The rebuilding efforts in the Northeast and mid-Atlantic following the Sandy mega-storm in November will push up truck rates through the first half of the year. What happens beyond that is a matter of educated opinion.
There is little doubt that pricing will firm considerably in the near term as the market responds to increasing demand for construction equipment, especially now that Congress has approved $9.7 billion in emergency funding for post-Sandy rebuilding. Lawmakers are expected to take up a measure on Jan. 15 to funnel another $51 billion in aid to the stricken area.
Nöel Perry, founder of transportation consulting firm Transport Fundamentals and principal in fellow consultancy FTR Associates, said the post-Sandy cleanup will generate higher-than-normal demand for transportation for the next six to nine months. Perry, writing in late December in an FTR newsletter, said the cumulative effect of the rebuilding will add $13 billion of transportation revenue, with $5 billion coming from an increase in volumes and $4 billion from a tightening in capacity.
Another $3 billion in revenue, Perry said, will be generated as shippers use more expedited trucking services, time-definite deliveries that are priced at a premium relative to other trucking services. An additional $1 billion will come from truckers charging more for being taken out of normal routes and pulled into the New York market. Trucks normally operate on predictable routes to minimize the effect of so-called empty miles; taking them out of their normal routes will reduce productivity but will result in higher rates, Perry wrote.
Trucking will reap most of the benefits from the increase in demand, though rail intermodal will share in the bounty because it has abundant capacity in the New York metro area, Perry wrote. The peak impact of the post-Sandy rebuilding, he said, will be felt in the second quarter. The spring months are historically the high seasonal demand period for flatbed services as warmer weather allows for more construction in markets like New York, Chicago, and Philadelphia.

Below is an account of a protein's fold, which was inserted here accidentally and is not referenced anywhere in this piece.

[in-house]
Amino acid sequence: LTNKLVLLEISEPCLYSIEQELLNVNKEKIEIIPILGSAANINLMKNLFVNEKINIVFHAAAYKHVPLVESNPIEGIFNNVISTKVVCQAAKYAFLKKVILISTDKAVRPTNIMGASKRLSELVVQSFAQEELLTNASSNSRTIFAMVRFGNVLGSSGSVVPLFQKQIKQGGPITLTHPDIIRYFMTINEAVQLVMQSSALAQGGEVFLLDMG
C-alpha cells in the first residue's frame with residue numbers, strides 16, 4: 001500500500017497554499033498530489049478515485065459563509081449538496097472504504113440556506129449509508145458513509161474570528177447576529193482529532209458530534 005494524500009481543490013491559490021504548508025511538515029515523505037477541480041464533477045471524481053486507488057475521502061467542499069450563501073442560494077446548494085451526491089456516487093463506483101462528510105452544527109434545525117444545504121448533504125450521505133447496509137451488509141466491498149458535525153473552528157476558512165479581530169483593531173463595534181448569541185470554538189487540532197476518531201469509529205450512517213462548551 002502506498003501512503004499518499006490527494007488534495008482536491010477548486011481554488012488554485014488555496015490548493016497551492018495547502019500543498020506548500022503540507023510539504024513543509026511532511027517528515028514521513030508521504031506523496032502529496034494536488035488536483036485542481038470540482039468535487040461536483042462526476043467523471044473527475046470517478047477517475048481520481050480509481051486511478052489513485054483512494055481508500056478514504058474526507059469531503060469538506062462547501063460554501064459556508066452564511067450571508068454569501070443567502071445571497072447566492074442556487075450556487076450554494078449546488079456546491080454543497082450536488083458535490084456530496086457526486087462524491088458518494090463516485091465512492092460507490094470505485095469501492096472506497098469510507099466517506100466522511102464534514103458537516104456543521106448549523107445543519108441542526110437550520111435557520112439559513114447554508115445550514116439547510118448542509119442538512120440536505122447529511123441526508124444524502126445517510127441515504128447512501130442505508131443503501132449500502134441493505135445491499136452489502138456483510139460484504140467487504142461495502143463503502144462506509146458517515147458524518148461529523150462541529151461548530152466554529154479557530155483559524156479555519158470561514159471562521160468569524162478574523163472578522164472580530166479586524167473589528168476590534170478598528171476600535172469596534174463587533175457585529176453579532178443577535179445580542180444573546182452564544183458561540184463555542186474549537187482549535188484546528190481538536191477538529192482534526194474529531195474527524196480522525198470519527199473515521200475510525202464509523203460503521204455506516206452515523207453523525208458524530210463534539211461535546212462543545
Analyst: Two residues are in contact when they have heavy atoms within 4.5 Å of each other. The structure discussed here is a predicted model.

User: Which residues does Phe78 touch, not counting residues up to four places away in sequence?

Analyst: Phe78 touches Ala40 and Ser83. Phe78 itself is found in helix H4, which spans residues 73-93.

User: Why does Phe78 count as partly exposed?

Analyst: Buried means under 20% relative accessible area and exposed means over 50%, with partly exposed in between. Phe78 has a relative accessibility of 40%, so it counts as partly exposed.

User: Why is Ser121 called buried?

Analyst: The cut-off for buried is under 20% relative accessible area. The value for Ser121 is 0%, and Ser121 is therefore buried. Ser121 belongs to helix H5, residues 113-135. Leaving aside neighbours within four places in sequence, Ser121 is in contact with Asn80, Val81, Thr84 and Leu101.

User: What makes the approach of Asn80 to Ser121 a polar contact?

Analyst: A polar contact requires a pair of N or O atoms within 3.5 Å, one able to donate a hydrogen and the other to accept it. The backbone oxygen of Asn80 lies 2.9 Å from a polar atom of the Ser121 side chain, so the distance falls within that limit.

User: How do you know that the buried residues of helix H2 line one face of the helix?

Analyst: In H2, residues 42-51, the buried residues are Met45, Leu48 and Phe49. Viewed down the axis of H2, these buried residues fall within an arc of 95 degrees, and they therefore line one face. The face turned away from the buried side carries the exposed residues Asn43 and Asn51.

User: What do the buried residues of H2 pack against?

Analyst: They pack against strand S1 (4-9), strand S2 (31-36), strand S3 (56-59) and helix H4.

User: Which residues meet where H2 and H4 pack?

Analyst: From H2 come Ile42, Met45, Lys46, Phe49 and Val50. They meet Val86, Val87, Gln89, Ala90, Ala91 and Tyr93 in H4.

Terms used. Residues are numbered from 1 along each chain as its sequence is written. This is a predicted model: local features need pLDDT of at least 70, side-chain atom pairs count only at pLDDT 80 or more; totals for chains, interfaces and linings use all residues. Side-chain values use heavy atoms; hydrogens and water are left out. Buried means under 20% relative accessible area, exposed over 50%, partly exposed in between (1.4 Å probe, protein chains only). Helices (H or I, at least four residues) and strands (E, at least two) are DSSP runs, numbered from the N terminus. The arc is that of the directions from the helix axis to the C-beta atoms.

Mark Montague, analyst for consulting firm DAT (formerly known as Transcore), said capacity for flatbed services, which are used to move construction materials, should tighten somewhat in the early part of 2013 due to the effect of post-Sandy reconstruction. In response, flatbed rates, which traditionally spike in the second quarter, could jump even higher in 2013, he said.
However, Montague said that beyond a short-term spike, flatbed and refrigerated rates should only rise, on average, about 2 to 3 percent in 2013. Much will depend on the performance of segments of the economy like autos, lumber, and construction that rely heavily ton flatbed services, he said.
Rates for dry van services, which make up the bulk of trucking operations, will be extremely volatile this year, with no clear upside or downside trend, Montague said.
Charles W. Clowdis Jr., head of supply chain advisory services at the consulting firm IHS Global Insight, said rates for all trucking services have risen about 8 percent since Sandy. A similar impact was seen in the immediate wake of Hurricane Katrina in late August and early September of 2005, according to Clowdis.
Clowdis echoed Montague's forecast that all truck rates will end 2013 a little higher than where they started and that a short-term surge will give way to a fallback in prices through the year.
"The market will sort itself out over the next seven to 12 months with no huge, long-term rate spikes," Clowdis said in an e-mail.
The American Trucking Associations (ATA), the trade group representing large truckers, said its seasonally adjusted tonnage index in November rose 3.7 percent from October's seasonally adjusted tonnage figures. The November data was largely impacted by Sandy, which hit early in the month. The November gain was the first since July 2012, the group said.
Bob Costello, ATA's chief economist, said in late December that most of the projected increase in flatbed activity will not occur until the spring. Costello warned, however, that overall tonnage growth will be slower this year than last as paychecks shrink for all households due to the end of the payroll tax holiday and an increase in tax rates for high-earning individuals and households.
Additionally, slowing factory output and reduced consumer spending will have an impact on tonnage during 2013 because trucks account for most of the deliveries in the retail supply chain, Costello said. Improved housing starts and auto sales will not be enough to offset a drop in factory activity and domestic consumption, he said.